**SHORTLISTED FOR THE MAN BOOKER PRIZE 2013**
Ten-year-old Darling has a choice: it’s down, or out
‘To play the country-game, we have to choose a country. Everybody wants to be the USA and Britain and Canada and Australia and Switzerland and them. Nobody wants to be rags of countries like Congo, like Somalia, like Iraq, like Sudan, like Haiti and not even this one we live in – who wants to be a terrible place of hunger and things falling apart?’
Darling and her friends live in a shanty called Paradise, which of course is no such thing. It isn’t all bad, though. There’s mischief and adventure, games of Find bin Laden, stealing guavas, singing Lady Gaga at the tops of their voices.
They dream of the paradises of America, Dubai, Europe, where Madonna and Barack Obama and David Beckham live. For Darling, that dream will come true. But, like the thousands of people all over the world trying to forge new lives far from home, Darling finds this new paradise brings its own set of challenges – for her and also for those she’s left behind.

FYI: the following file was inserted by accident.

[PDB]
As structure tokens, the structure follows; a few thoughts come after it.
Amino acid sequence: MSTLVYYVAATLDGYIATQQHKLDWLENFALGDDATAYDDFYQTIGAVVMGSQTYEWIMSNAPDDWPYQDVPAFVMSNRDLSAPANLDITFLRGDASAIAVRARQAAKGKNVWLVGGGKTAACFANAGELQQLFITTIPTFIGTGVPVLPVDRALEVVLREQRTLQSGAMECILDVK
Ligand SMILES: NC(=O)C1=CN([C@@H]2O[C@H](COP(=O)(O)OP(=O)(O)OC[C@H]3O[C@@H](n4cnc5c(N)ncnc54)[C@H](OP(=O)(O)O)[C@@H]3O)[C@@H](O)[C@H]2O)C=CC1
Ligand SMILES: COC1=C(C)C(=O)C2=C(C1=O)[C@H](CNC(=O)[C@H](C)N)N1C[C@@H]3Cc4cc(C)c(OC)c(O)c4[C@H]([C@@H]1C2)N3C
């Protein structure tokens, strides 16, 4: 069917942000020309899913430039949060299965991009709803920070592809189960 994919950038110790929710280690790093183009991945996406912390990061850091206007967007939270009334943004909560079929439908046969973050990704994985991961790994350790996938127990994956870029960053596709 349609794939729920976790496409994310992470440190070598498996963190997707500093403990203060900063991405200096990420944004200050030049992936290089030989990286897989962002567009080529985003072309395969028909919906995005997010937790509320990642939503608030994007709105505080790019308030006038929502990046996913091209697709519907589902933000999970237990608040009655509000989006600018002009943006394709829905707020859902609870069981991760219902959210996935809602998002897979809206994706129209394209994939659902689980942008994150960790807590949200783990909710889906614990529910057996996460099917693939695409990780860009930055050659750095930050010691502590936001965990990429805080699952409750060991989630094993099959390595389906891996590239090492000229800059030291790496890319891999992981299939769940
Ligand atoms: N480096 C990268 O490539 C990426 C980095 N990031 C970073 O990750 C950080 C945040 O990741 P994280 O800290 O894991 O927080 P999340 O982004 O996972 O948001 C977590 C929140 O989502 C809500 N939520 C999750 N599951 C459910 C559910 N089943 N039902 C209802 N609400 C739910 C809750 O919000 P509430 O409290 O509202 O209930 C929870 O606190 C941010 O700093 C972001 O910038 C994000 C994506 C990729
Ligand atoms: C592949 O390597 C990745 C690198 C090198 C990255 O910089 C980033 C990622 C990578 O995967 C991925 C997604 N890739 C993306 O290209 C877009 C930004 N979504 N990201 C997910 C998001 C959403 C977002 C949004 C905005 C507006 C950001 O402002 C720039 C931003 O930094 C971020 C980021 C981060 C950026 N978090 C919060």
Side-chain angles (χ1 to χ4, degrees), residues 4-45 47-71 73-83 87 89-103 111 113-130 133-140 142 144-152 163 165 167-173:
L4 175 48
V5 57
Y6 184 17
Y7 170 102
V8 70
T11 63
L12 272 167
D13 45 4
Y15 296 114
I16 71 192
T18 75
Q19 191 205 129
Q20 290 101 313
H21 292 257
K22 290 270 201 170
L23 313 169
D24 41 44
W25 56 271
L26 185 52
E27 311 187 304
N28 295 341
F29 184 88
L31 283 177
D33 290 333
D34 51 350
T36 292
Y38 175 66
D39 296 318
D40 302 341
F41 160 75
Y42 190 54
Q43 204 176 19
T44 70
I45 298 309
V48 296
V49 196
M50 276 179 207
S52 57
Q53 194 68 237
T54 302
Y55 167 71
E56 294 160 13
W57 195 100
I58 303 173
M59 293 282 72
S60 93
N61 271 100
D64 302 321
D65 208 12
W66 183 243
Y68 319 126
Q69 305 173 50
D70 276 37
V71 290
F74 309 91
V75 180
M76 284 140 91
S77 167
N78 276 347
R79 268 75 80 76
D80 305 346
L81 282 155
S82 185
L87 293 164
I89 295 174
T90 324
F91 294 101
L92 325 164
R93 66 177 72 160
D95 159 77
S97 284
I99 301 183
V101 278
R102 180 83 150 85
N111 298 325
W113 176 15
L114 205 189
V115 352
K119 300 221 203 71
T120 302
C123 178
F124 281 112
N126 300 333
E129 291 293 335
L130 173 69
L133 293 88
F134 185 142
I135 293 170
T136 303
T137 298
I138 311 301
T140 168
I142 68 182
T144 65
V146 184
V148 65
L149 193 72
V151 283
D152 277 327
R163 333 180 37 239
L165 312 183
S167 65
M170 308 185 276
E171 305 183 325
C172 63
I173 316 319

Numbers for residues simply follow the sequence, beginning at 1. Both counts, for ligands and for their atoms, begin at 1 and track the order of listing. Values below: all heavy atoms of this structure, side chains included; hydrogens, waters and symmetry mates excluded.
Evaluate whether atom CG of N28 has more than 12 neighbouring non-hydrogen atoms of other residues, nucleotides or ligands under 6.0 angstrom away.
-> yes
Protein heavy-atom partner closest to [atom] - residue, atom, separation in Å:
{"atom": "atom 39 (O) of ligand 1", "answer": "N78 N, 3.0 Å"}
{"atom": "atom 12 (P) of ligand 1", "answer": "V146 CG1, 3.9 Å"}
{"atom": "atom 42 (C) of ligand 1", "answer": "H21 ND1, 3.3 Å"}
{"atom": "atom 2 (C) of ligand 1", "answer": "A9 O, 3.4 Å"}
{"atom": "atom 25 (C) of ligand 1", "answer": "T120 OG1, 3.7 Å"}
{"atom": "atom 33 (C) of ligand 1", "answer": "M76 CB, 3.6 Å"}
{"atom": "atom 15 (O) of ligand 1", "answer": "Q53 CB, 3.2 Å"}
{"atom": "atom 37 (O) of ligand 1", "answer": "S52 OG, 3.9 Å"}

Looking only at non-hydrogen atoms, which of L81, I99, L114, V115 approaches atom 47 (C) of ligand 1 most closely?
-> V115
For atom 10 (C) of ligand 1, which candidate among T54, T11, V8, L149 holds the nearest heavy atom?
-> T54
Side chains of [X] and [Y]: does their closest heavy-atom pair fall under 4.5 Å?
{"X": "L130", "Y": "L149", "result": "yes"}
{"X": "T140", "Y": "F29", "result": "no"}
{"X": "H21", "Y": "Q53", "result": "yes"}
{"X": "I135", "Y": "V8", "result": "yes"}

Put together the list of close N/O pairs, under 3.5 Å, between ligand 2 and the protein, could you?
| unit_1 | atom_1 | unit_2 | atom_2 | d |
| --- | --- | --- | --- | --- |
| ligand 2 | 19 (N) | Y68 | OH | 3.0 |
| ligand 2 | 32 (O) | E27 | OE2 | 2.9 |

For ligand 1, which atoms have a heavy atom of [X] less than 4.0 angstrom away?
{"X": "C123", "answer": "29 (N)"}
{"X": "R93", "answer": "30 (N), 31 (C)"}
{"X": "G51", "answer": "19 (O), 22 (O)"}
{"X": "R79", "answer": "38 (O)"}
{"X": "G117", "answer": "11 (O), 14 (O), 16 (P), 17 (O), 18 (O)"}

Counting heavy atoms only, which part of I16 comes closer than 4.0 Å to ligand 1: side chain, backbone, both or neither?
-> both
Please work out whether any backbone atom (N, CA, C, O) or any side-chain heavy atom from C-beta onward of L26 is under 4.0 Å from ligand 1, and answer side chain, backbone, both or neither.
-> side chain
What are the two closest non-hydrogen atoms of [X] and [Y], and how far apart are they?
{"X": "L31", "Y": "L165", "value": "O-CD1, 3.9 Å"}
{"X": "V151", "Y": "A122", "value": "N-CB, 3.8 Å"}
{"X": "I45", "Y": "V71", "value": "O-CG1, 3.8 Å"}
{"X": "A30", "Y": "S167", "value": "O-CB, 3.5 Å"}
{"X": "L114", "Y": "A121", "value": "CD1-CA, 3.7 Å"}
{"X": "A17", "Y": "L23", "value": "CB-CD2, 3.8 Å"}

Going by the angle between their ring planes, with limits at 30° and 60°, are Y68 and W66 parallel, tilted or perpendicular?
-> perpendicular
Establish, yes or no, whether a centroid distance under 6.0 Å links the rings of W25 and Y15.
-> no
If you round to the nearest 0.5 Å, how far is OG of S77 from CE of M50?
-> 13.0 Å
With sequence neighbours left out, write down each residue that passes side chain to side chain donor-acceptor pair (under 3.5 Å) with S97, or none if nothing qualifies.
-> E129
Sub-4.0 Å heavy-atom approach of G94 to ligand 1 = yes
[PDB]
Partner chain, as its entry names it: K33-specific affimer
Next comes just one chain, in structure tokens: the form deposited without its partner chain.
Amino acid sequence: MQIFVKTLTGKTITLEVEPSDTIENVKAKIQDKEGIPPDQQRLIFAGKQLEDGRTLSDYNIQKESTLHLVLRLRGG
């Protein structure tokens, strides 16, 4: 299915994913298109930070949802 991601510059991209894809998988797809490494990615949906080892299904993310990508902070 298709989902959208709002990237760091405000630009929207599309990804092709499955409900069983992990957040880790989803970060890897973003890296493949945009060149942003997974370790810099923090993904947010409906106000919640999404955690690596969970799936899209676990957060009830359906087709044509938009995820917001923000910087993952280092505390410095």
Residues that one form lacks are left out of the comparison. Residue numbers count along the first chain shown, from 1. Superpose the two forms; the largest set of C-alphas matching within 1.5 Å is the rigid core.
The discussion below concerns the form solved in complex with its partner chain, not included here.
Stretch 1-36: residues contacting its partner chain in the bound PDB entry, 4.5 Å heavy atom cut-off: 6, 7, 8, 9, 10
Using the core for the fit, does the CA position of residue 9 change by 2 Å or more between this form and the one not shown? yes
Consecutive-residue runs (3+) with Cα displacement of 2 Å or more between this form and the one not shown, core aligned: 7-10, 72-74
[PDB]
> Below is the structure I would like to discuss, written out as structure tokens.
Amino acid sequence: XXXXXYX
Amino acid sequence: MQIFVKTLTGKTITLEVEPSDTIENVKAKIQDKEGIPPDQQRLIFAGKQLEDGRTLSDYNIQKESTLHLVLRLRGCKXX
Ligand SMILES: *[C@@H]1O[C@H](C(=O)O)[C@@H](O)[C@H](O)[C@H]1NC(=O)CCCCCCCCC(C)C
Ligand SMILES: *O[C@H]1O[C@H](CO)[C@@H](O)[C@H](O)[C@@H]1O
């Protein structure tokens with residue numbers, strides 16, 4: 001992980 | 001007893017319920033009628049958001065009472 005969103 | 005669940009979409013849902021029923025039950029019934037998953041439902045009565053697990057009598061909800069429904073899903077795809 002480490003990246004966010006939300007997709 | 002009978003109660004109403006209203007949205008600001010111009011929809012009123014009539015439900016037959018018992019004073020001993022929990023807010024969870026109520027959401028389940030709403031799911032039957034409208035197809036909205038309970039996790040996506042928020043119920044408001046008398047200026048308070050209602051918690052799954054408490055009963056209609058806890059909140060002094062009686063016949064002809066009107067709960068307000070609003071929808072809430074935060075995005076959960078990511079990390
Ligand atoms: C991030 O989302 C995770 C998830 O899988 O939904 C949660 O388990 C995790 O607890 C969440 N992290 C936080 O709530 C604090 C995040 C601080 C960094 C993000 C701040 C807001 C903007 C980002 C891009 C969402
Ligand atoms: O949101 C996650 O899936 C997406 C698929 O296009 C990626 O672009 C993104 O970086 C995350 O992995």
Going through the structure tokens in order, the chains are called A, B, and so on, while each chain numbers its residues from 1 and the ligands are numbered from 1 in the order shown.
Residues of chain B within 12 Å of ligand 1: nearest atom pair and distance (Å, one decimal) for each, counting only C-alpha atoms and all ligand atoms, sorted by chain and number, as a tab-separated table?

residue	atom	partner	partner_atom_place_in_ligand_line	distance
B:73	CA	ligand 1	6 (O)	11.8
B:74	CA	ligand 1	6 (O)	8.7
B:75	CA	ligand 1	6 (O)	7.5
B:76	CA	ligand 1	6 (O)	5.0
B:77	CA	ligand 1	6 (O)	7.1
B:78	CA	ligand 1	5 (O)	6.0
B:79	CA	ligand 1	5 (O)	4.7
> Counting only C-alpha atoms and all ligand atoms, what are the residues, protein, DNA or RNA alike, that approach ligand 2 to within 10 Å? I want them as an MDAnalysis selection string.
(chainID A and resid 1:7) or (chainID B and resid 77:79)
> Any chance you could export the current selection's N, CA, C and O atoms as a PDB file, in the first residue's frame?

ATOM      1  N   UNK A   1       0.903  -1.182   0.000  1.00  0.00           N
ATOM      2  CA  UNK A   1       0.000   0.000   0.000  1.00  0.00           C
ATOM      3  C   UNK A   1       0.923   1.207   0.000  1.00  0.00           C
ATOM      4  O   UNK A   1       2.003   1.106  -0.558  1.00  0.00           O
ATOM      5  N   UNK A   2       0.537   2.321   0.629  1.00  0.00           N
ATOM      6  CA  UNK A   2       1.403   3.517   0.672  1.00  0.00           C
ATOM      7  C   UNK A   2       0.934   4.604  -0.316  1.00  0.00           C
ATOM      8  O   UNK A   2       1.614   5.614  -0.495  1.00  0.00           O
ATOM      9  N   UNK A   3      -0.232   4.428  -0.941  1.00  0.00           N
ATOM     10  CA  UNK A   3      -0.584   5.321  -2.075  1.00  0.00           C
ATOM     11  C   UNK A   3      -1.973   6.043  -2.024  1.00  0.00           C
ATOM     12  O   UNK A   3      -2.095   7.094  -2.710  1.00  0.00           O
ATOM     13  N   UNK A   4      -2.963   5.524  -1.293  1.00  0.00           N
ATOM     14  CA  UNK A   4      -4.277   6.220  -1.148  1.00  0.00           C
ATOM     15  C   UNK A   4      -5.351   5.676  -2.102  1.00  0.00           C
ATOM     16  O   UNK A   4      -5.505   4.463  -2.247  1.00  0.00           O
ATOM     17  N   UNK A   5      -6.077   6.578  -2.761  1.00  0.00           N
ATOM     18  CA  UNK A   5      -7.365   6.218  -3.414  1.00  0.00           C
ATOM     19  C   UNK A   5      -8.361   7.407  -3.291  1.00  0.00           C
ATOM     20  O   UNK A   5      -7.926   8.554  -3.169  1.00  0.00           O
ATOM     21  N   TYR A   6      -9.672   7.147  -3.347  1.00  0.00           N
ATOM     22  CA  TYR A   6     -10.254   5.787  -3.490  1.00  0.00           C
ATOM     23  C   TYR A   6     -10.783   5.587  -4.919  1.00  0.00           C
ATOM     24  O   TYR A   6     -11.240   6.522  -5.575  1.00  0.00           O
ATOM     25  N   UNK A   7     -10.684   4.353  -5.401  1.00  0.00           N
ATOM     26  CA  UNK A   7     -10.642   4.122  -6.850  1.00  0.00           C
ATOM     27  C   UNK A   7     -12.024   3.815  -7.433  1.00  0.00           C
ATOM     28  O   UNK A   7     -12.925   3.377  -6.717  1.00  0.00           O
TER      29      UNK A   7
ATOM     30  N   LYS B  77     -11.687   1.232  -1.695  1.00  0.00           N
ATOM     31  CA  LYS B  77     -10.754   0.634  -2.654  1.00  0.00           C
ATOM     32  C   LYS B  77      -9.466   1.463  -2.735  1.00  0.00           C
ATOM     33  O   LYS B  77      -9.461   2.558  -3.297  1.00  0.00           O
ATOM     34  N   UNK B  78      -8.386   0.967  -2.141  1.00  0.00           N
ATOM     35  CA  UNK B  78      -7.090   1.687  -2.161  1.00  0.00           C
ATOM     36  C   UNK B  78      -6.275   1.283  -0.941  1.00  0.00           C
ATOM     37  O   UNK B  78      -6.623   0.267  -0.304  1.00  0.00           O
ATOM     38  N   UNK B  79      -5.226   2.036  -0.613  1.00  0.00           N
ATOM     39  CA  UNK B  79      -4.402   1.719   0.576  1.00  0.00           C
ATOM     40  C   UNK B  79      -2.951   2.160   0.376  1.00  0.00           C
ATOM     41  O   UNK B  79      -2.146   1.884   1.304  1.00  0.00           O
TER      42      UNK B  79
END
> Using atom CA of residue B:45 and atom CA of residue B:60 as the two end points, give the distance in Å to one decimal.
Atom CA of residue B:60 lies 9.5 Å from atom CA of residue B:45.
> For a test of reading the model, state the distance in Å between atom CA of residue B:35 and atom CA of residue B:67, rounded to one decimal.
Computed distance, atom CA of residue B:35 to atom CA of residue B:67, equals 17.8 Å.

‘Stunning’ New York Times
‘Extraordinary’ Daily Telegraph
‘A debut that blends wit and pain... Heartrending...wonderfully original’ Independent
‘Sometimes shocking, often heartbreaking but also pulsing with colour and energy’ The Times
We Need New Names is a "before" and "after" kind of novel, the kind that marks a new beginning, a new shift in the African literary tradition . . . To me, it is a complete novel in terms of aesthetics and politics
Bulawayo’s novel is not just a stunning piece of literary craftsmanship but also a novel that helps elucidate today’s world
The challenging rhythm and infectious language of NoViolet Bulawayo's emotionally articulate novel turns a familar tale of immigrant displacement into a heroic ballad. Bulawayo's courage and her literary scope shine out from this outstanding debut
Darling is 10 when we first meet her, and the voice Ms. Bulawayo has fashioned for her is utterly distinctive — by turns unsparing and lyrical, unsentimental and poetic, spiky and meditative... stunning novel... remarkably talented author
Often heartbreaking, but also pulsing with colour and energy